How to share information and include employees in decision-making
Trust works both ways. Sharing information with your employees and involving them in decision-making will foster an open and collaborative work environment which can help build trust. After all, knowledge is power, and you want your team to be empowered, not demoralised.
To start with, be transparent about team goals and targets and share anything that can support individual employee development or team outcomes. If you have vital information, avoid delaying it to prevent confusion, misinformation, or rumours. Of course, use your discretion. There may be times when sensitive or confidential information should not be shared.
Consider how you want to share information as well. Depending on its urgency, a face-to-face conversation, email, or a team meeting would be the most effective way to communicate the information.
Remember: your team will only feel part of a team if they’re involved in decision-making processes. By doing so, you’ll learn to trust them more and give them a sense of role ownership, which boosts engagement. In aspects of decision-making, ensure all stakeholders are involved and consulted, from team members to partners or clients. Define the scope of what needs to be decided upon and encourage participation by inviting stakeholders to share their ideas, concerns, and feedback.
Trust issue 3 – Blaming the team
When targets aren’t hit, or deadlines are missed, is your first thought to give your team feedback? Is a subsequent follow-up meeting or email fuelled by pure frustration a common occurrence? Playing the blame game not only suggests a lack of trust, it can also breed a toxic culture of resentment and defensiveness if left unchecked.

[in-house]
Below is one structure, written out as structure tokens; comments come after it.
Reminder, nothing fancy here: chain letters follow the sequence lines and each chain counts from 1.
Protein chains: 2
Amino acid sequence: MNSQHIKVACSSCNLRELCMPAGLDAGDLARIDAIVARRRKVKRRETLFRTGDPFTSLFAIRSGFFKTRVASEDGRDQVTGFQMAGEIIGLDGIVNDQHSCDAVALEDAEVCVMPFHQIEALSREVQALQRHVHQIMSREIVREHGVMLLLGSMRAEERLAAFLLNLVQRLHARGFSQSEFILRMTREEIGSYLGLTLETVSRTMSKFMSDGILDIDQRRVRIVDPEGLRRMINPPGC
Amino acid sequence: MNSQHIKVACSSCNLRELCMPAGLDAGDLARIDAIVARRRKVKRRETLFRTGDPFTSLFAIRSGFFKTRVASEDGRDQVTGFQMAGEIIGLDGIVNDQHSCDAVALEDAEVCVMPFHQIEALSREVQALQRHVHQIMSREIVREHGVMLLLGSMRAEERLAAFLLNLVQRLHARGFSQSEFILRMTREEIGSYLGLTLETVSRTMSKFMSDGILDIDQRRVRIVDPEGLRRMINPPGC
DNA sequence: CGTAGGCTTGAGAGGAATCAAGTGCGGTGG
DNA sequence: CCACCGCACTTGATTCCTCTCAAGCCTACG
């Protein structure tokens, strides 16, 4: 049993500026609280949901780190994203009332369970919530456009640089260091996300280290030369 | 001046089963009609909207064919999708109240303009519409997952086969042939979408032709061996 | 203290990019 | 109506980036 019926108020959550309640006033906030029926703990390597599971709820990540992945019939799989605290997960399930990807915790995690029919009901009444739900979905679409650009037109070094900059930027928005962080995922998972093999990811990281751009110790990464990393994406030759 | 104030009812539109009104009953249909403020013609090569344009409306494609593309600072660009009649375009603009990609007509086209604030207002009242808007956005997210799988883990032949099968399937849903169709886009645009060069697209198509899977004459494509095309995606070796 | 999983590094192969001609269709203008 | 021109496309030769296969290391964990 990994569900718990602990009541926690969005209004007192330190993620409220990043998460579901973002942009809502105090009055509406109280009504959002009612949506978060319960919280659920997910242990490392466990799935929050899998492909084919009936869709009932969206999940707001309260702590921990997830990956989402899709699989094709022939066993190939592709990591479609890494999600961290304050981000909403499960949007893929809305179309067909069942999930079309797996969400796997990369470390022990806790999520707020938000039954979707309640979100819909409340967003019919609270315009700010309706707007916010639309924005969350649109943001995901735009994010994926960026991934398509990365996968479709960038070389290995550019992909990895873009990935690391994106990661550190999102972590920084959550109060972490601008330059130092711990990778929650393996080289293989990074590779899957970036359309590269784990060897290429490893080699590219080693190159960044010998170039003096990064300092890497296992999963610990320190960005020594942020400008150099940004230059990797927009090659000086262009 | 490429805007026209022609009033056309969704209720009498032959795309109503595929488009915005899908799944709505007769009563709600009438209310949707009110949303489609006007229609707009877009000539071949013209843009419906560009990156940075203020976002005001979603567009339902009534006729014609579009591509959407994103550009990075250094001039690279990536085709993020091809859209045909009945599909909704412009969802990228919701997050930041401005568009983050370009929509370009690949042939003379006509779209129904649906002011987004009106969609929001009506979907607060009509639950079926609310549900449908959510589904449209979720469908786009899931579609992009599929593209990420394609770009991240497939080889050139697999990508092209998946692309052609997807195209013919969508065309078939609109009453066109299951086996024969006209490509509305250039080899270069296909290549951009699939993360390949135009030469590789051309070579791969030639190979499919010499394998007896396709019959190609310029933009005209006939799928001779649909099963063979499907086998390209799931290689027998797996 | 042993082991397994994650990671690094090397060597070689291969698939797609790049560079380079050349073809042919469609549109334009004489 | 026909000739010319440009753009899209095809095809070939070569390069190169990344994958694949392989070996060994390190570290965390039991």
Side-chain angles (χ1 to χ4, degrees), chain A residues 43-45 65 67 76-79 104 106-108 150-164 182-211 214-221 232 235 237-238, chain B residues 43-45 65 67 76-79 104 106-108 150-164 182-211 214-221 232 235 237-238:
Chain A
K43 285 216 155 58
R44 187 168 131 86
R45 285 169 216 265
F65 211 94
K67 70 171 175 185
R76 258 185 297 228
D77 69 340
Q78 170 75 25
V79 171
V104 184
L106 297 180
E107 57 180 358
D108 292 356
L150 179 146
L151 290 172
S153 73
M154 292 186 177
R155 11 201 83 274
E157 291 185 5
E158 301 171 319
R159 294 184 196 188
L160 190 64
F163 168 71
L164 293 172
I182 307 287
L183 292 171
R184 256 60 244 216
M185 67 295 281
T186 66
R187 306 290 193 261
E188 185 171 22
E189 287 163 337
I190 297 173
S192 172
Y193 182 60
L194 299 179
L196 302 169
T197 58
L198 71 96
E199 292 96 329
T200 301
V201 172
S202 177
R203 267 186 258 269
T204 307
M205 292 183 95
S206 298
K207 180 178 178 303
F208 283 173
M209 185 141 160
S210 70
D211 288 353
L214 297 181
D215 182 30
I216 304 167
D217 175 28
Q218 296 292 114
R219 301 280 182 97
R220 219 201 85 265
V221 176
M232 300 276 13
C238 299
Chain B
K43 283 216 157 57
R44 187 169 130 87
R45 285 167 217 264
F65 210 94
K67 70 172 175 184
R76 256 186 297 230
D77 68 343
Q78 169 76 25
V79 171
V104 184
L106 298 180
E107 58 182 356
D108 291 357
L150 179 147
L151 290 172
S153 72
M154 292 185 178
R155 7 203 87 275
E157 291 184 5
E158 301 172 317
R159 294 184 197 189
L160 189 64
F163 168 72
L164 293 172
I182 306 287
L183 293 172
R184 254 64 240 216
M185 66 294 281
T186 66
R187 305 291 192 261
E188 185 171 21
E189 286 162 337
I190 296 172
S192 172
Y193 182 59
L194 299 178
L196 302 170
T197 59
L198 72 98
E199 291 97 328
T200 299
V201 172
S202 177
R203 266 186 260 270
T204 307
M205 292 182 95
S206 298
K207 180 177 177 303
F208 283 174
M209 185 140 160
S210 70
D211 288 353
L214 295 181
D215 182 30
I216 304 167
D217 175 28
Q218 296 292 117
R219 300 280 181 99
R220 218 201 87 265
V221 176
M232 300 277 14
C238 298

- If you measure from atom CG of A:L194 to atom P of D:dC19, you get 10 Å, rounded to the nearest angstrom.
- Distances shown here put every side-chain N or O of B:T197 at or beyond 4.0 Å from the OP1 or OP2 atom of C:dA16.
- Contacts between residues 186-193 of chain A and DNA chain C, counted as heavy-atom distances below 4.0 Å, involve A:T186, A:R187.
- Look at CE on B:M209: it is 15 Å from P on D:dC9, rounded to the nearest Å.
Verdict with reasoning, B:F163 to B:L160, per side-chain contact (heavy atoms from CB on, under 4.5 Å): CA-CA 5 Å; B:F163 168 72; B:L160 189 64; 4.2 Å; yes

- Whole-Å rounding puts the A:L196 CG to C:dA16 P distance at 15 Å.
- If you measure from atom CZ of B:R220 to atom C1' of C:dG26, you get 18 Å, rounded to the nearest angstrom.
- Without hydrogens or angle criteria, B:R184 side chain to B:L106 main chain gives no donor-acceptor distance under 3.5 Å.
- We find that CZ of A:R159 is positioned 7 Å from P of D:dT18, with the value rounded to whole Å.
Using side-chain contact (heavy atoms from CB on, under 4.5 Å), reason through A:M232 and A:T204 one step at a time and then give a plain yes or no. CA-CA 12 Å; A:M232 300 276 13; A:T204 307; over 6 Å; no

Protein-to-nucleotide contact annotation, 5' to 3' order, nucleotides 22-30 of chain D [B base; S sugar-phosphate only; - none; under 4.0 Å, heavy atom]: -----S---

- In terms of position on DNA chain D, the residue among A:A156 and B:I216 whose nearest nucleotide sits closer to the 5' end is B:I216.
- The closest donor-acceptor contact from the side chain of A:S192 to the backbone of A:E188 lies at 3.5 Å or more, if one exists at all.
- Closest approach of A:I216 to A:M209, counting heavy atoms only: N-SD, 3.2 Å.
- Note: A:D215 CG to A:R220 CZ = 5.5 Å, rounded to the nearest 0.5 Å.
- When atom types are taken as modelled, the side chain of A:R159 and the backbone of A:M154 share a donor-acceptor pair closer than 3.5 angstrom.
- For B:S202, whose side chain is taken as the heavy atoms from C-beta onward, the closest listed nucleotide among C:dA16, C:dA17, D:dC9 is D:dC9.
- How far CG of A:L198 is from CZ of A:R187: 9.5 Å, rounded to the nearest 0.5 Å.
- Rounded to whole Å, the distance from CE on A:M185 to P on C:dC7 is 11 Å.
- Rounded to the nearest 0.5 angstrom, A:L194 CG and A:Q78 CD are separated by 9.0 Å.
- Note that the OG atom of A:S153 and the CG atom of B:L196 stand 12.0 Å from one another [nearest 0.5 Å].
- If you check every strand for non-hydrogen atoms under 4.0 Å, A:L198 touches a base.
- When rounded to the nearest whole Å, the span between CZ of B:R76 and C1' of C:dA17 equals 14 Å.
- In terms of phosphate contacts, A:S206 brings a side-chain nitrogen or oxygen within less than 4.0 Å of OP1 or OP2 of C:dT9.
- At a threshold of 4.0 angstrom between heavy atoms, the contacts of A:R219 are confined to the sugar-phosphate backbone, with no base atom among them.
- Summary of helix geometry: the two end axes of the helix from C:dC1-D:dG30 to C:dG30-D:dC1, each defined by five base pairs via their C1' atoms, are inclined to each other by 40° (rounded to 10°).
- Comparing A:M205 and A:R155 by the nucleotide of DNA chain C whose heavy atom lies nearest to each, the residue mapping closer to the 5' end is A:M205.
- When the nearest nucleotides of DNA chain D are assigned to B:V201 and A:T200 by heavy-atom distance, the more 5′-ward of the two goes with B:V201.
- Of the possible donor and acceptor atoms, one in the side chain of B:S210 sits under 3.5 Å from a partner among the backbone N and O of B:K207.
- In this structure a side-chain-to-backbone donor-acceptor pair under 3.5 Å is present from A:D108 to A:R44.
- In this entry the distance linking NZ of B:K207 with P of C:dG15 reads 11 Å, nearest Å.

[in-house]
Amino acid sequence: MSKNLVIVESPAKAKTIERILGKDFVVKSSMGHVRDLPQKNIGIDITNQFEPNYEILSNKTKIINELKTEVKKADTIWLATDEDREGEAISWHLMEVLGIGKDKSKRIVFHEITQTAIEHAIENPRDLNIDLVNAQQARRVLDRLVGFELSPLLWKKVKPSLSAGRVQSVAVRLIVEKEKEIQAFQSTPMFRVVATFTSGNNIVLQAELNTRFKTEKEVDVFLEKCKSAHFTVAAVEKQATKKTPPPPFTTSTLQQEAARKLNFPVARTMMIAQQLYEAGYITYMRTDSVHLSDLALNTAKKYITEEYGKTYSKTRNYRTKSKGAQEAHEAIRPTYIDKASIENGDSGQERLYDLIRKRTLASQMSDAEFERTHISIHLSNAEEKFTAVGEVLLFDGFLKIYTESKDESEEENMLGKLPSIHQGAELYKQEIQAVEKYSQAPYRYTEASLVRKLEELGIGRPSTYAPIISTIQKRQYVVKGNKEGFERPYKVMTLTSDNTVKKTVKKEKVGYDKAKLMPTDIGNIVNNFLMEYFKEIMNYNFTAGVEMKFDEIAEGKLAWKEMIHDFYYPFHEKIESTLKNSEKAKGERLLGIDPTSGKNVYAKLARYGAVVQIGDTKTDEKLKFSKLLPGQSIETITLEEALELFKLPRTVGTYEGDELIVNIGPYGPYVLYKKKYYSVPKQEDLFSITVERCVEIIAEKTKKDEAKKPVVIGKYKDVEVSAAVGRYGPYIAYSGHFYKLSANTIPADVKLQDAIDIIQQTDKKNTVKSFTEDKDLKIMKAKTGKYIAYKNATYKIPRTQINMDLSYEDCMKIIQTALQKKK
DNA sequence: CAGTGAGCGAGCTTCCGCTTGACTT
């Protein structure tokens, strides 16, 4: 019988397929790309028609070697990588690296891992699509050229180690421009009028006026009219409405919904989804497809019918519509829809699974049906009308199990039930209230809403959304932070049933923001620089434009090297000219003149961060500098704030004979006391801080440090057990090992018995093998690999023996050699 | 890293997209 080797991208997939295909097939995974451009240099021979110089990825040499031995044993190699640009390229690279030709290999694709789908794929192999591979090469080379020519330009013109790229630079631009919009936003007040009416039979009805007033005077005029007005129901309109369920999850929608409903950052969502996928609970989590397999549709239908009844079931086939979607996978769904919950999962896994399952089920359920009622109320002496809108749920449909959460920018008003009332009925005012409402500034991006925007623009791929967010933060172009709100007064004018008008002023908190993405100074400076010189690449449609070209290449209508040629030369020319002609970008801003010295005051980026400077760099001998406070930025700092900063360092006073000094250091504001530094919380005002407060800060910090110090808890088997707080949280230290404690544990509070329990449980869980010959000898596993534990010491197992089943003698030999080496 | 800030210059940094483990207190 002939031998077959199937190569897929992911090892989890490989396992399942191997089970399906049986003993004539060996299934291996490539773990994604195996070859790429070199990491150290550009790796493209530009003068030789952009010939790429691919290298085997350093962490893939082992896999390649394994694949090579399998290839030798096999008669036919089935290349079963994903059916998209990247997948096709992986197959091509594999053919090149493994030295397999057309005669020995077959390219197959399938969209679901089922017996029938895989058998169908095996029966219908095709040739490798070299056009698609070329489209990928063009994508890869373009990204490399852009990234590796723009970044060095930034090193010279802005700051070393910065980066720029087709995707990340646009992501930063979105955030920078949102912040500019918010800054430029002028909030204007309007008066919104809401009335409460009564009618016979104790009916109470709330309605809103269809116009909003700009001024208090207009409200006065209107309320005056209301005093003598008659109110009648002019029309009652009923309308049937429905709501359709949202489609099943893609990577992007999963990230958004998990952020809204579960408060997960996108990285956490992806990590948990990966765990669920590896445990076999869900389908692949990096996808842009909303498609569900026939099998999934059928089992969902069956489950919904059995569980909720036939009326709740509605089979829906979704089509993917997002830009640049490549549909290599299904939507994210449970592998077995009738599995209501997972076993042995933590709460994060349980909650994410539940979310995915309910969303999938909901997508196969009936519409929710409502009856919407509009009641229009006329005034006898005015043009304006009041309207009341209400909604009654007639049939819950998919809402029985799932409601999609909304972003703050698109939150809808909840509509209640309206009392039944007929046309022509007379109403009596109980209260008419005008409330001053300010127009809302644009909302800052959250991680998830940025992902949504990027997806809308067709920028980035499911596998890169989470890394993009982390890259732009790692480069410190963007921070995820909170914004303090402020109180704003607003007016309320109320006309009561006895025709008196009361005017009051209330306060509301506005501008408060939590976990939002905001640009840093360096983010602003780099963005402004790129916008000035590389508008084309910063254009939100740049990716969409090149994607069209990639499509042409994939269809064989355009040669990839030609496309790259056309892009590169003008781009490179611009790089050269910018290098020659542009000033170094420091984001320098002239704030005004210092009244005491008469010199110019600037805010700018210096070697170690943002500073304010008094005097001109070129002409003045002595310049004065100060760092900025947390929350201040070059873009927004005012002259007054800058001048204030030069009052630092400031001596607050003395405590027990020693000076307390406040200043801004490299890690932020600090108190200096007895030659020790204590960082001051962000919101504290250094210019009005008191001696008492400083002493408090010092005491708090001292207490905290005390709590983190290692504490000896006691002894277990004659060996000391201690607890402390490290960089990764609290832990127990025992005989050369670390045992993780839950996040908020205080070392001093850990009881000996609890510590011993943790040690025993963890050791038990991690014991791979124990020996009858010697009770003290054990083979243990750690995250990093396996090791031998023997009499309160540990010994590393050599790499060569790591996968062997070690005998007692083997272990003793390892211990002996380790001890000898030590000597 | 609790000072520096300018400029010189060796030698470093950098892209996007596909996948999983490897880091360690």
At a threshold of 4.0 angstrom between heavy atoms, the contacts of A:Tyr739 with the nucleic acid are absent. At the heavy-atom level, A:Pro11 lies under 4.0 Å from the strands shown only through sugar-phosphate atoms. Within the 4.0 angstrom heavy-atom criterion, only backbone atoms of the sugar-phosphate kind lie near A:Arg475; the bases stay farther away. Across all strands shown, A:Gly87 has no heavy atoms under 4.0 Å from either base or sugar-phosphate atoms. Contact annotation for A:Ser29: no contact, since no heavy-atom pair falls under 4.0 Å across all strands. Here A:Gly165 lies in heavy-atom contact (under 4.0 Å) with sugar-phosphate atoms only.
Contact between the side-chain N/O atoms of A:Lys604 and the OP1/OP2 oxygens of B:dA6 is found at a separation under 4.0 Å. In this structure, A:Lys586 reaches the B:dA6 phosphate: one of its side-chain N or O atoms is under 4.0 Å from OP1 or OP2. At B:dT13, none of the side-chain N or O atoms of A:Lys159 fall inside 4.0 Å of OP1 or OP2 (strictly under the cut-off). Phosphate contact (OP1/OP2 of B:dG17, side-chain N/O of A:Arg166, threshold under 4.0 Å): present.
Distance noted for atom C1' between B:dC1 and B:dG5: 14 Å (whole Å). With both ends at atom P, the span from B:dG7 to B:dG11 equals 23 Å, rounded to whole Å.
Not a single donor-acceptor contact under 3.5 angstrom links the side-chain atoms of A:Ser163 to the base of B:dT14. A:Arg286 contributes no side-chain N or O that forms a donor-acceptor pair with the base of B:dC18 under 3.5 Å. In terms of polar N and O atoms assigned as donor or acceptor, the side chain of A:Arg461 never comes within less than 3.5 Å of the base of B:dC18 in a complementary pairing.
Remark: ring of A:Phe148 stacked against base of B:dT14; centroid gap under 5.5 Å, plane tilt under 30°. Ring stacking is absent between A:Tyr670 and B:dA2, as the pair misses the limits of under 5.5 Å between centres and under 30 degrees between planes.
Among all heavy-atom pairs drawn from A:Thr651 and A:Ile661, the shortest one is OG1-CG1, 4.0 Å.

How to assign blame fairly
As a leader, apportioning blame fairly may often involve taking responsibility yourself. If your team doesn’t perform at their best, consider the role you played in it and demonstrate humility and accountability. Ask yourself: did you set goals clearly enough? Did you provide the right conditions for your team to thrive? Did you delegate tasks correctly? Did you give them the relevant information required to achieve the desired outcome?
A powerful way to build team trust and stop assigning blame for everything is to take inspiration from Etsy’s ‘Blameless Postmortems'. Throughout these meetings, the people involved in a situation come together to discuss what happened and craft a future plan. This enables all team members to learn from it, move on and improve without feeling unfairly dumped upon.
Above all, when failures or mistakes occur, focus less on the ‘who’ and more on the ‘what’. Use errors as an opportunity for growth by establishing what can be done to correct the situation. Adopting a solutions-driven mindset will prevent harmful finger-pointing when things go awry.
Trust issue 4 – Not seeking input